401(k) plans are retirement plans that are sanctioned by the IRS. These plans are considered tax shelters, which help you save money for your future. They have special contribution and withdrawal restrictions, however. When considering a 401(k) plan, you'll also want to know how 401(k) plans accumulate money when compared to other investments.
Both you and your employer make contributions to the 401(k) plan. Then, money is invested in mutual funds. A mutual fund is a collection of stocks or bonds with a common investment objective. The mutual fund provides diversification in your investment portfolio because it represents a wide range of individual investments embedded within one investment product.
The significance of a 401(k) is that the mutual funds inside of the account are not subject to taxation until the money is withdrawn from the account. This differs when compared to other investments that are taxed when the investment is sold or when dividends generated by the investment are paid out. Mutual funds in a 401(k) can be bought and sold without incurring any taxation.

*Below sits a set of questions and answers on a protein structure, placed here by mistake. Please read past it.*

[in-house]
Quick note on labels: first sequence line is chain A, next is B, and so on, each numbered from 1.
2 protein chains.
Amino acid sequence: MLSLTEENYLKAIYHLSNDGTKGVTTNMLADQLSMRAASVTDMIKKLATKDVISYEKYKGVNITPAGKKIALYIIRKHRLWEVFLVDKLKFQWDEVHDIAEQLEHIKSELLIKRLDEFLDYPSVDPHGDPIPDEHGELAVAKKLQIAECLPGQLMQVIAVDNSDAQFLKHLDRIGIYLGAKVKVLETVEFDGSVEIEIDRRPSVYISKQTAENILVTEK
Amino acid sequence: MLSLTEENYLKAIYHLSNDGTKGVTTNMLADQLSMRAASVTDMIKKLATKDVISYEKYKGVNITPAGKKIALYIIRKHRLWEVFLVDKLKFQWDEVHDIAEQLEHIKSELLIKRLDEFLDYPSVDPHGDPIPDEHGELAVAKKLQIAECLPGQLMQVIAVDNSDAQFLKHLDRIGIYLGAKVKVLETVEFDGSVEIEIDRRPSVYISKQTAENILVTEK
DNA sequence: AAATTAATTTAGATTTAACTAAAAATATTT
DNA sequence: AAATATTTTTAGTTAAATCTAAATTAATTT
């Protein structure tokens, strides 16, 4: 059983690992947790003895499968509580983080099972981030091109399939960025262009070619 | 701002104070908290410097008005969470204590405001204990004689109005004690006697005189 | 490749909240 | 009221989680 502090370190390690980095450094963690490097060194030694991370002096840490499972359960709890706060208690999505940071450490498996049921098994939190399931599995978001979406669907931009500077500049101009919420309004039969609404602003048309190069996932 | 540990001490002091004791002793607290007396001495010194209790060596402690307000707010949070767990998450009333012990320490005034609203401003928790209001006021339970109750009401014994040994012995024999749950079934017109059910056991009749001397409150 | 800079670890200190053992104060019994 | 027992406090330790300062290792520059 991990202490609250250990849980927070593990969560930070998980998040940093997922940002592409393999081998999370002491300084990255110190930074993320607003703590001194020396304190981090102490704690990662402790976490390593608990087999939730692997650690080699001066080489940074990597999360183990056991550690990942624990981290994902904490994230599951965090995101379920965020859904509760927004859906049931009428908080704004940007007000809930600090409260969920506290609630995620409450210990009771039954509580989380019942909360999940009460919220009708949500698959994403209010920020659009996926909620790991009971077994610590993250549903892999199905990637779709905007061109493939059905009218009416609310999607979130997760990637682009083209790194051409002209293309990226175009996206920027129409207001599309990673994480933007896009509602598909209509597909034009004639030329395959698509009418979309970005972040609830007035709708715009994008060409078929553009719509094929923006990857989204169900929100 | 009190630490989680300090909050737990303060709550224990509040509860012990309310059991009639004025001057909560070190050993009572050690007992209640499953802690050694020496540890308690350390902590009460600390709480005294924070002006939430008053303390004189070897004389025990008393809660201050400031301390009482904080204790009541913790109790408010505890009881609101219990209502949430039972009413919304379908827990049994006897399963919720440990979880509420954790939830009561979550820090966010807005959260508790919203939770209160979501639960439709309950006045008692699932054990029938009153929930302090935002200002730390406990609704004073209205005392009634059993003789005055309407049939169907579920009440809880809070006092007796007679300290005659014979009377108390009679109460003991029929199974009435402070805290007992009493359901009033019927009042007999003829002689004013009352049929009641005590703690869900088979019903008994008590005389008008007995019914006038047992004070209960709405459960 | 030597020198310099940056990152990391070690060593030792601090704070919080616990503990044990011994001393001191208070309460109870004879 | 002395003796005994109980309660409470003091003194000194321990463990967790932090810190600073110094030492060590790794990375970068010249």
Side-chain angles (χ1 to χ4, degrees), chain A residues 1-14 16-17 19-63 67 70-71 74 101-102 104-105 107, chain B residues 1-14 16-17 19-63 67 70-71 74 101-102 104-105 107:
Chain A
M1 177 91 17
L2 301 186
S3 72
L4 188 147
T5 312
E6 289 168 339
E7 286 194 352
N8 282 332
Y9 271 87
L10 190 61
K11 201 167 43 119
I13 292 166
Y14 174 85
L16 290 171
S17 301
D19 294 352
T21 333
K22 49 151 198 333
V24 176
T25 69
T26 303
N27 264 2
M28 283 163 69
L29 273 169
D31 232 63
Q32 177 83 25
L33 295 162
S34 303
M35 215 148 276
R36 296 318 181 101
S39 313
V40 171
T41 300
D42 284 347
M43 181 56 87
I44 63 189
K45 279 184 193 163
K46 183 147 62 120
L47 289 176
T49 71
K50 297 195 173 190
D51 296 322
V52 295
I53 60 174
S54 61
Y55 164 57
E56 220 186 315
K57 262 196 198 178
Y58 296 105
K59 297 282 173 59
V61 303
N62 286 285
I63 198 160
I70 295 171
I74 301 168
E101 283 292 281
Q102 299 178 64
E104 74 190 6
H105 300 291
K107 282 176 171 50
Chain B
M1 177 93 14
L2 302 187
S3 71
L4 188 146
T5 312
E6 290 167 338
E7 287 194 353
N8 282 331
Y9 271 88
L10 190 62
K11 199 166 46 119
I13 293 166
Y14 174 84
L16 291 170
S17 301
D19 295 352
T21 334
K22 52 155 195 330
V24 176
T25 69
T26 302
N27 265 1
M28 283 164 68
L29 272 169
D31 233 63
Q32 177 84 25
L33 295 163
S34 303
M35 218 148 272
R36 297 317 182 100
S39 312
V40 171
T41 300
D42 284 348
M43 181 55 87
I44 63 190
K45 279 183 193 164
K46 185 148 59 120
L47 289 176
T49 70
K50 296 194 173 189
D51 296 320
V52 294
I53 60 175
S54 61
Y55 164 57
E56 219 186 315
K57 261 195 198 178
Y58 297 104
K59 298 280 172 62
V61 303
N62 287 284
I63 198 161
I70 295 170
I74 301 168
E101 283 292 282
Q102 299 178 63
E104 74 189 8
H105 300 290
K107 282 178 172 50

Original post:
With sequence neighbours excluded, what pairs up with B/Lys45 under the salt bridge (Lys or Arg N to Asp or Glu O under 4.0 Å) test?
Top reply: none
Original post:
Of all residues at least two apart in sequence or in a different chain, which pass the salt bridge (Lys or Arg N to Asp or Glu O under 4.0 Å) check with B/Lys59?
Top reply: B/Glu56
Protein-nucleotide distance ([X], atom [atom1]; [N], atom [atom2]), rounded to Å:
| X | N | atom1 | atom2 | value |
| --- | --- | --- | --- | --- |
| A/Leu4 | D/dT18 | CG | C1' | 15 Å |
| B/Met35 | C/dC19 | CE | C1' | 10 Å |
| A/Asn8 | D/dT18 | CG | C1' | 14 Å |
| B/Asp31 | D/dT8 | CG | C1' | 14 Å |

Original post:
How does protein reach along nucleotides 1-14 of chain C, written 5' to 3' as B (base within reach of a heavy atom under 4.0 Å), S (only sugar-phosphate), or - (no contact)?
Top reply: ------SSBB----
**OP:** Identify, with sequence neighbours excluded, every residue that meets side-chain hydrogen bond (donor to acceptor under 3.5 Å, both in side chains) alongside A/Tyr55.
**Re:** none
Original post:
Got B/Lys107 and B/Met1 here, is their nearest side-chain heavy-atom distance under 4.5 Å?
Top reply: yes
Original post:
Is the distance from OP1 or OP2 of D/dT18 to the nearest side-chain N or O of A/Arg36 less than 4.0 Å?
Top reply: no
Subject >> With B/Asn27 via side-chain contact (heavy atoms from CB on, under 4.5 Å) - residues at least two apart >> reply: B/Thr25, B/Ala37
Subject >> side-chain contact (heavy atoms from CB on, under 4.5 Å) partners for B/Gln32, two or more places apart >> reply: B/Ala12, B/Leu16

The benefits of a 401(k) plan are that the earnings are not taxed and you can choose among a wide range of funds in the plan. This makes many 401(k) plans versatile and allows you to build up a sizable retirement savings over time. Many 401(k) plans also offer managed account options so that you don't have to choose funds. Instead, you choose between being "conservative," "moderate," or "aggressive." This makes investing for retirement easier than having to choose between individual mutual fund investments.
The disadvantage to 401(k) plans when compared to other investments is that growth in the 401(k) plan is limited to mutual funds. Other investments may earn interest and grow your retirement savings using different financial markets or different strategies. With a 401(k), you typically only have one way to make money. Additionally, withdrawals are always taxed at ordinary income tax rates instead of the often lower capital gains tax rates.
Before investing in a 401(k), consider other investments such as individual stocks, real estate investments, bonds or precious metals. Additionally, consider annuities. Annuities provide similar tax advantages as 401(k) plans, but guarantee you an income during retirement that you cannot outlive. Annuities do not accept pretax contributions, and the gains in the account are taxed at ordinary income tax rates when they are withdrawn.
- "Practicing Financial Planning for Professionals (Practitioners' Edition), 10th Edition"; Sid Mittra, Anandi P. Sahu, Robert A Crane; 2007
- IRS: 401k Plans